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#367919 - 07/15/01 07:15 AM Maintaining repertoire
yok Offline
Full Member

Registered: 06/06/01
Posts: 463
Loc: New Zealand
How much time does everyone spend keeping up pieces so that they can be played when the opportunity happens to arise, or simply when you feel like playing a piece instead of working on one?

I guess this varies depending on whether you're is a professional, a serious student, or an amateur. But whatever your situation, I would be curious to know how much practice time you think should be devoted to maintaining repertoire, and what your warhorses are.

I'm afraid I am always eager to try new pieces and the little time I give to playing pieces already learnt is often more of a run-through than proper practice. As a result, I have only a handful of all the pieces I've tried over the years ready to play:

- the Finale of Beethoven's Op.14/1 sonata
- a Scarlatti sonata in C (can't remember the Kk)
- Padarewski's Minuet in G (corny, but people like it!)
- Schubert's Impromptu Op.142/2
- Chopin Waltz in E minor Op posth.
- Ravel Sonatine, 1st movt

That's very little, and I'm determined to add a Brahms Intermezzo, some Bach, Mozart, Haydn, Schumann, Debussy - but it all takes time to keep up. How do you balance it in your practice?

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#367920 - 07/15/01 12:07 PM Re: Maintaining repertoire
BruceD Offline
Yikes! 10000 Post Club Member

Registered: 05/26/01
Posts: 17670
Loc: Victoria, BC
Yok:
It does make you wonder, doesn't it, how amateur pianists - to say nothing of performing professionals - with a fairly large repertoire keep them up. I usually find myself in the position of having several pieces not quite totally memorized and not quite ready for performance - but almost. Those that I have well into my fingers and into my memory - not that many, alas! - I try to play through a couple of times a week, and every once in a while, I make an effort to play through them, very slowly, from memory.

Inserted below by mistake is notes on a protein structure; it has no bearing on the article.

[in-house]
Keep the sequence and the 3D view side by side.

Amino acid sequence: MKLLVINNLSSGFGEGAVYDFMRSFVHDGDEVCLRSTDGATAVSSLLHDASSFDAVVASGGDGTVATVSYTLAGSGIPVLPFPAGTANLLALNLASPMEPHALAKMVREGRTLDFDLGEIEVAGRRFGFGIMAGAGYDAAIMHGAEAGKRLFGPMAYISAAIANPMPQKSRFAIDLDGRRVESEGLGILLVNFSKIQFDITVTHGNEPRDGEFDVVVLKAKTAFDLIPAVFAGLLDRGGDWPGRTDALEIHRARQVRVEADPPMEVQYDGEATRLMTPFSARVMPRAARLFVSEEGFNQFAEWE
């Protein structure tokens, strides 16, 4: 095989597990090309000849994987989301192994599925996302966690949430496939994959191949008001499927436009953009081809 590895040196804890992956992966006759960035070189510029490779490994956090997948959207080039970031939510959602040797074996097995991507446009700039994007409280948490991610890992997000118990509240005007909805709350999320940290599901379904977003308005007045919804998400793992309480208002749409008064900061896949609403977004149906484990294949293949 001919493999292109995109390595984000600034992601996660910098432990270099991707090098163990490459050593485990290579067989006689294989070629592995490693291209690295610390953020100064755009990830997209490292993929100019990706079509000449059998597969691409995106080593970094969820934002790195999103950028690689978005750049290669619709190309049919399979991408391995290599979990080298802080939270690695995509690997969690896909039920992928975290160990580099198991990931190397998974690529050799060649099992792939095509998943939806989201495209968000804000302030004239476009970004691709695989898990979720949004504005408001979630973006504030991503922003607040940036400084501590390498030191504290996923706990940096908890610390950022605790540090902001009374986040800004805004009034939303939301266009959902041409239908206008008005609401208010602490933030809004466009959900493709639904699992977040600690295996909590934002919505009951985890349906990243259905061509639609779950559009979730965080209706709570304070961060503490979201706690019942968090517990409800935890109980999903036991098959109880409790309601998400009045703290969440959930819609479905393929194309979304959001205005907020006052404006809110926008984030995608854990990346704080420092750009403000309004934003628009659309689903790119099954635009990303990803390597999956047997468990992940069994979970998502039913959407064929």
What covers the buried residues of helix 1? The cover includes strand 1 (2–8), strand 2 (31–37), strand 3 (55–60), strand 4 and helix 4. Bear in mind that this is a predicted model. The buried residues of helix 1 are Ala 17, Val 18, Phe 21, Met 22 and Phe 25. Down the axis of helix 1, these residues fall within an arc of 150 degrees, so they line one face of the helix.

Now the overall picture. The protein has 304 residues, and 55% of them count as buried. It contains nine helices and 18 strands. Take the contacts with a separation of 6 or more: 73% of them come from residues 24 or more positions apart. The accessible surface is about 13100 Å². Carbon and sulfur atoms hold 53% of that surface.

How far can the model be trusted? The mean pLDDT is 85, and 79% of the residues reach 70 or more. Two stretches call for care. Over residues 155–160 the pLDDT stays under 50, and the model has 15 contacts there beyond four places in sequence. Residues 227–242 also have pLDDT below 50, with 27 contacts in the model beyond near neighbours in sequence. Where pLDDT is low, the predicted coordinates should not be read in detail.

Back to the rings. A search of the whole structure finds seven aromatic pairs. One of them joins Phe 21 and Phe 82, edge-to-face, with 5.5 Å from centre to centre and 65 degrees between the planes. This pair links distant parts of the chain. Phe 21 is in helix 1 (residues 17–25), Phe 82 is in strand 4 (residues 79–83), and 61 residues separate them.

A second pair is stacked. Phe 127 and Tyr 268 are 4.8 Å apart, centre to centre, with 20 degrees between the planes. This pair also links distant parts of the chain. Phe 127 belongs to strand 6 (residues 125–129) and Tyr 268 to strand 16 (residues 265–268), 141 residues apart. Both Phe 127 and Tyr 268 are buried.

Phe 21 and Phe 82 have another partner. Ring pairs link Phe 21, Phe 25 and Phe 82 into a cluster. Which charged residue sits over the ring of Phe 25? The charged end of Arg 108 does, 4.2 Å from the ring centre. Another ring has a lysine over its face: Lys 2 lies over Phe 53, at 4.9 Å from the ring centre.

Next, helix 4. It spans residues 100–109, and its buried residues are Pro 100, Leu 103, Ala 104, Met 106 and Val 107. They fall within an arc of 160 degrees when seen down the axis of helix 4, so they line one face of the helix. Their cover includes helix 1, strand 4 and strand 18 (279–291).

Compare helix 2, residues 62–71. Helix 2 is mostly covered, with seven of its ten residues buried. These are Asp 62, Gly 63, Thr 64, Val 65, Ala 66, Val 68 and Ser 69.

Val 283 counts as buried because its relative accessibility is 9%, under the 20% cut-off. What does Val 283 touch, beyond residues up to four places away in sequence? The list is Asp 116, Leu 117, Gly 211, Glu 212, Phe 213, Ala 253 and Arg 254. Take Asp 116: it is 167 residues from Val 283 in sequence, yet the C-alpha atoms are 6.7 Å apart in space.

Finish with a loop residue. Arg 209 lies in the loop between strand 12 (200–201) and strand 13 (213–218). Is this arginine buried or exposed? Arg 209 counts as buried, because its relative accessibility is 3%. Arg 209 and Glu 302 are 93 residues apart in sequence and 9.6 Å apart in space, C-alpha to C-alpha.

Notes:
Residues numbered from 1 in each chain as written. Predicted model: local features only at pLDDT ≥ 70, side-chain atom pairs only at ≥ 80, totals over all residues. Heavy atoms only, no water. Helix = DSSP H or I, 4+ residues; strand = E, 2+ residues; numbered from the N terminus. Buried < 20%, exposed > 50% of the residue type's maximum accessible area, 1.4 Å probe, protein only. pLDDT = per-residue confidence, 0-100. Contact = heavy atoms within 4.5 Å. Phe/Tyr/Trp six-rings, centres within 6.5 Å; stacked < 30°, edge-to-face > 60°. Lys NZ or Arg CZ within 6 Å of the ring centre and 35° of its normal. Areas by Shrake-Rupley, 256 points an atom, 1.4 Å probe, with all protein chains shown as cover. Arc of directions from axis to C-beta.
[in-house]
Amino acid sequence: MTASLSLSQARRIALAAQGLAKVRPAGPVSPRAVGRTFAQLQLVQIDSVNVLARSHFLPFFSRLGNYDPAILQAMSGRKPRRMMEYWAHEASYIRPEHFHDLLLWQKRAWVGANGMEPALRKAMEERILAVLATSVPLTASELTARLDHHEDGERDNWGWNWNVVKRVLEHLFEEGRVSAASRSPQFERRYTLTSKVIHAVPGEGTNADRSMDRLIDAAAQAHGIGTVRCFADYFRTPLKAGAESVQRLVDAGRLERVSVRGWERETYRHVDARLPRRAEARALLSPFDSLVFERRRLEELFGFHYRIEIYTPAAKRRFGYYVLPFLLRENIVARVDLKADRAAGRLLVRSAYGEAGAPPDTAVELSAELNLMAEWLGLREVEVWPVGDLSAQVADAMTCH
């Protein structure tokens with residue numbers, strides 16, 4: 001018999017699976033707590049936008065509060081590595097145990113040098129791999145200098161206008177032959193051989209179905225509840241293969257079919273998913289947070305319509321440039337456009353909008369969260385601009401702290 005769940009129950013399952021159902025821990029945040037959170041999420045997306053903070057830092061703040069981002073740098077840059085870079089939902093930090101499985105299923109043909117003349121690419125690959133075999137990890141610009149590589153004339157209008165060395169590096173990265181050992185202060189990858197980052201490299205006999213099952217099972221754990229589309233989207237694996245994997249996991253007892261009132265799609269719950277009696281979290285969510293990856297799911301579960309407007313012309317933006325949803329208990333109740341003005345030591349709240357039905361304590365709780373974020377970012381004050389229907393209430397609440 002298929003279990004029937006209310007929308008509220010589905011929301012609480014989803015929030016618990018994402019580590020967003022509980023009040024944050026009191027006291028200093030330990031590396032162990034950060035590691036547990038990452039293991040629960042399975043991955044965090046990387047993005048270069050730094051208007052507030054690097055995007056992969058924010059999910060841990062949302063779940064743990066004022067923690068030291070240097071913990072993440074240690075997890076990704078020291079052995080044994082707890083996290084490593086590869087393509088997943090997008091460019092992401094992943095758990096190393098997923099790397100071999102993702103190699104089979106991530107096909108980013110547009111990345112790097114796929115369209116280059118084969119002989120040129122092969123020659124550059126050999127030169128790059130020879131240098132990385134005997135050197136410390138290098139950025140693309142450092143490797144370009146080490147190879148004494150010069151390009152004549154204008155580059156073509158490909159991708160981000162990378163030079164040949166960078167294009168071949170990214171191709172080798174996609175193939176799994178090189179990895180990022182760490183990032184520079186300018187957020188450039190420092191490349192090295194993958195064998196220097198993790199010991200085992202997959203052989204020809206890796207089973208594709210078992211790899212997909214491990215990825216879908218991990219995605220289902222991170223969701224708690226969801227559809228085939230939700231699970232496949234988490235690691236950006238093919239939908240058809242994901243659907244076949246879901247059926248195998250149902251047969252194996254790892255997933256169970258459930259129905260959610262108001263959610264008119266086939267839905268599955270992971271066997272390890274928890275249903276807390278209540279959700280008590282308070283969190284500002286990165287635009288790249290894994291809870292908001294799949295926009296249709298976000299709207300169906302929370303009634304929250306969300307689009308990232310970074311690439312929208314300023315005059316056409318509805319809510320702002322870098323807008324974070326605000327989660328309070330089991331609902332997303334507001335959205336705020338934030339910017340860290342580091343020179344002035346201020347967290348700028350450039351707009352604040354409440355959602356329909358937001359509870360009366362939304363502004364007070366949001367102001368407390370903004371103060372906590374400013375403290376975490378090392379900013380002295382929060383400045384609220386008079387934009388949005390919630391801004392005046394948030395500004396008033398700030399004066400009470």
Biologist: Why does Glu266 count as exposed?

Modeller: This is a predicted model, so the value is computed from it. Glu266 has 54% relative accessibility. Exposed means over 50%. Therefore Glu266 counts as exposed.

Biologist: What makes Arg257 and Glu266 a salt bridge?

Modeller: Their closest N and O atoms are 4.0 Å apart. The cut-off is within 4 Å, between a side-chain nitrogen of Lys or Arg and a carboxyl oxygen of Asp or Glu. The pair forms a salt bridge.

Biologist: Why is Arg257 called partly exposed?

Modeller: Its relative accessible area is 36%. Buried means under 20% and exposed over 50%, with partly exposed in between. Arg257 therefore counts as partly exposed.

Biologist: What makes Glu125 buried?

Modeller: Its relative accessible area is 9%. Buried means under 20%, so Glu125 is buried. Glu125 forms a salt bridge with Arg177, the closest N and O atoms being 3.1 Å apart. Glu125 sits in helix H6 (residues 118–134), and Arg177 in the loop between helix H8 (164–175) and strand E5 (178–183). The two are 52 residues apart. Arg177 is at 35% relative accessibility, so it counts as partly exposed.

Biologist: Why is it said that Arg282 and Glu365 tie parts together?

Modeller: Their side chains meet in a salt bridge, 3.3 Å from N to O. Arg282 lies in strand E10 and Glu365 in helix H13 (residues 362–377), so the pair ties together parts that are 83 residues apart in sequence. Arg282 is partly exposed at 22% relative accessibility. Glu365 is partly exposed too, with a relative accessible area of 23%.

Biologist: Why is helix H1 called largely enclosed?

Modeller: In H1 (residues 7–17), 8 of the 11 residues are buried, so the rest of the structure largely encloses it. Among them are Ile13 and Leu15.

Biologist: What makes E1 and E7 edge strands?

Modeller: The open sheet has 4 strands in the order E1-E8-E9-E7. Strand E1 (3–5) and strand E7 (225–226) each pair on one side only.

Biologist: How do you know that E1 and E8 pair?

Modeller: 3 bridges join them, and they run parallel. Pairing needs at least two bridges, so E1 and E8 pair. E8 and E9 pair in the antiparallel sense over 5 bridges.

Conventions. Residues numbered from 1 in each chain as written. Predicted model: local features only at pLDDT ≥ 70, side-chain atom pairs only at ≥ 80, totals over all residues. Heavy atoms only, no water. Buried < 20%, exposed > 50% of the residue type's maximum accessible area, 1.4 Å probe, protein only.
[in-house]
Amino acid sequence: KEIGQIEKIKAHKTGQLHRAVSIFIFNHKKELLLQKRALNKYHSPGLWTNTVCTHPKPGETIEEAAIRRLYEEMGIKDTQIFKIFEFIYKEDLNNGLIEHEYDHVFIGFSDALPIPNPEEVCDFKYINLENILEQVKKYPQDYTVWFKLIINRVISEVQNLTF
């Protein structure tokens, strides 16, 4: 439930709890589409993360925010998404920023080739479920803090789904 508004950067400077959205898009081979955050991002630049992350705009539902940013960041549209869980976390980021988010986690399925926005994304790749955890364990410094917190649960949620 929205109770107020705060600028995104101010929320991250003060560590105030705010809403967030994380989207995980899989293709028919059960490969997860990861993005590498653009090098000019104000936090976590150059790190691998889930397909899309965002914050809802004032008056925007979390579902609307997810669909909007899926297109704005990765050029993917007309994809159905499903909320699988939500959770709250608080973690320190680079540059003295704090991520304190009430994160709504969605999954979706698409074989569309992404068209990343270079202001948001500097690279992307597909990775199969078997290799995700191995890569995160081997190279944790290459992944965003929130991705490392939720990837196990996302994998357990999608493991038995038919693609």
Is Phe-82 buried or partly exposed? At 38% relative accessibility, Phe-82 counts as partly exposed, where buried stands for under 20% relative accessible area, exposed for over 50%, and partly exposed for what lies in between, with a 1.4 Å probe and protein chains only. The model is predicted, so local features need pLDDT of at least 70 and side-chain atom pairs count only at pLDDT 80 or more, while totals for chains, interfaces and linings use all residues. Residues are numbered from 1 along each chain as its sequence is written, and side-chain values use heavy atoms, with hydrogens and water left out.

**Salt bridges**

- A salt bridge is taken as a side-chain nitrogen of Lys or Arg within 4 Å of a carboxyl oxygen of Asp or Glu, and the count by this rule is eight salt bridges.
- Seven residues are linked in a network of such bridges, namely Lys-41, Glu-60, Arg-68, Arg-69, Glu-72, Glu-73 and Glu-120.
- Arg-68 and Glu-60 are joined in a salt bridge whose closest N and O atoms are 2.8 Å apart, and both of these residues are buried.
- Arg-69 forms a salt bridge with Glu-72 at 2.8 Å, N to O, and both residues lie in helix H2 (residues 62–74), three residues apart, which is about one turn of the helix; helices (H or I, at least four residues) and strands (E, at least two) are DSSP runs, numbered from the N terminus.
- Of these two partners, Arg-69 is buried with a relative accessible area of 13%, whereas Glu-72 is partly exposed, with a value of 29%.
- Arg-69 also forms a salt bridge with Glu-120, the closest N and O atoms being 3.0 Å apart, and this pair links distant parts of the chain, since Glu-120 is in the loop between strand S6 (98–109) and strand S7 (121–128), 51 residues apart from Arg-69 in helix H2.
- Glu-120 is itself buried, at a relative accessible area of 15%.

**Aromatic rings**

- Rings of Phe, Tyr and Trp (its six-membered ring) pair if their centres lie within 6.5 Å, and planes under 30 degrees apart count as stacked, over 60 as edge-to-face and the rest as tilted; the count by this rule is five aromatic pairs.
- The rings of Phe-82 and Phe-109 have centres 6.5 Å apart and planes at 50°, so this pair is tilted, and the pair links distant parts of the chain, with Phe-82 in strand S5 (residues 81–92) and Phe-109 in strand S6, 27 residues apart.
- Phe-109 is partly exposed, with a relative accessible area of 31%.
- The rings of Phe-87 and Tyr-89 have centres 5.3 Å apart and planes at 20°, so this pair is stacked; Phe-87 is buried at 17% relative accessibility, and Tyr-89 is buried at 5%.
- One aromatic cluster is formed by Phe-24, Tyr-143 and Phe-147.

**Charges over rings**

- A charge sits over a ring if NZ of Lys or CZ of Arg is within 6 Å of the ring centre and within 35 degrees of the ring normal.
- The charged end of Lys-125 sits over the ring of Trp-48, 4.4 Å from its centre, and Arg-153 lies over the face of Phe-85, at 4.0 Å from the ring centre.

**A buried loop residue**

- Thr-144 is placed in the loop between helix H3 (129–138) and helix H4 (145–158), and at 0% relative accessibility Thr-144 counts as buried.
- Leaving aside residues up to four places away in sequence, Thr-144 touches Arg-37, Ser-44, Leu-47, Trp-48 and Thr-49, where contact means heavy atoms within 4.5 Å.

I guess it depends on how good a memory (both mental and digital) you have, and how much time it takes to bring something back from the past.
A most interesting question; I'll be interested to hear what others have to say in response.
Regards,
_________________________
BruceD
- - - - -
Estonia 190 in satin ebony
Writing from Paris until 15 May, 2014

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#367921 - 07/15/01 01:57 PM Re: Maintaining repertoire
CrashTest Offline
4000 Post Club Member

Registered: 06/23/01
Posts: 4110
Thats a very good question, and an issue for any pianist of any level. I usually play through all of my pieces everyday, not only rushing through them, but with the score in front to look for more expression marks and other little things,(even though they are all memorized).
This takes a while especially when playing through more than one Beethoven Sonata and long Polonaises and Hungarian Rhapsodies, all of which need the most careful detail to be counted.
I made up a schedule, timing exactly how long and when I play my exersizes and pieces, so everything gets done with good time. I can manage playing a fairly large repetoire daily, but if yours is too big or time is short, I would advise splitting it up into a few days, so you can dedicate more time to polishing those pieces.
Memorizing is just the fisrt part, the hard part is making it shine, which takes longer.

[ July 15, 2001: Message edited by: CrashTest ]

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#367922 - 07/15/01 08:36 PM Re: Maintaining repertoire
Brendan Offline



Registered: 05/26/01
Posts: 5228
Loc: McAllen, TX
Quality, not quantity.

With the exception of concert pianists like Richter (who could play 25 programs and never repeat a piece), most professionals tour with a few pre-selected programs that they keep in regular maintenance. I'm not a professional, but I try to do the same thing for competitions and recital, occassionaly substituting a new piece for an older one to get more performance experience with it. The point is that the programs that they use are top-notch because they've been playing them forever or they aren't juggling other musical obligations at the same time.

As far as actual practice goes, you've just got to spend your time on what needs the most work. For example, I played a recital last month, and one of the pieces that I programmed was Franck's Prelude, Choral, et Fugue. This is an old piece for me and didn't take a lot of work to bring back to life, which allowed me to concentrate on the other pieces on the program. If you mix old and new, the old will most likely require a run-through every other day and occasional spot-checking if needed.

Brendan
_________________________
http://www.BrendanKinsella.com

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#367923 - 07/16/01 10:36 PM Re: Maintaining repertoire
PianoMuse Offline
500 Post Club Member

Registered: 06/04/01
Posts: 902
Loc: Philly, PA
Unfortunatly ( and nobody likes to hear this) it takes practice practice practice! The more repetoire you put in to your memory, the more time you will have to spend on the peices. As a serious piano student, I have learned that the best way to keep up a peice even after a while is to play it every other day, and try playing it in different styles. Say, one day play it really legato. another day prestissimo. another day play it stacatto. This really works it into your fingers. Then, of course, you can obviously play it straight a couple times. This helps keep the peice fresh and also in your memory.
_________________________
"Music is enough for a lifetime, but a lifetime is not enough for music." ~Rachmaninoff

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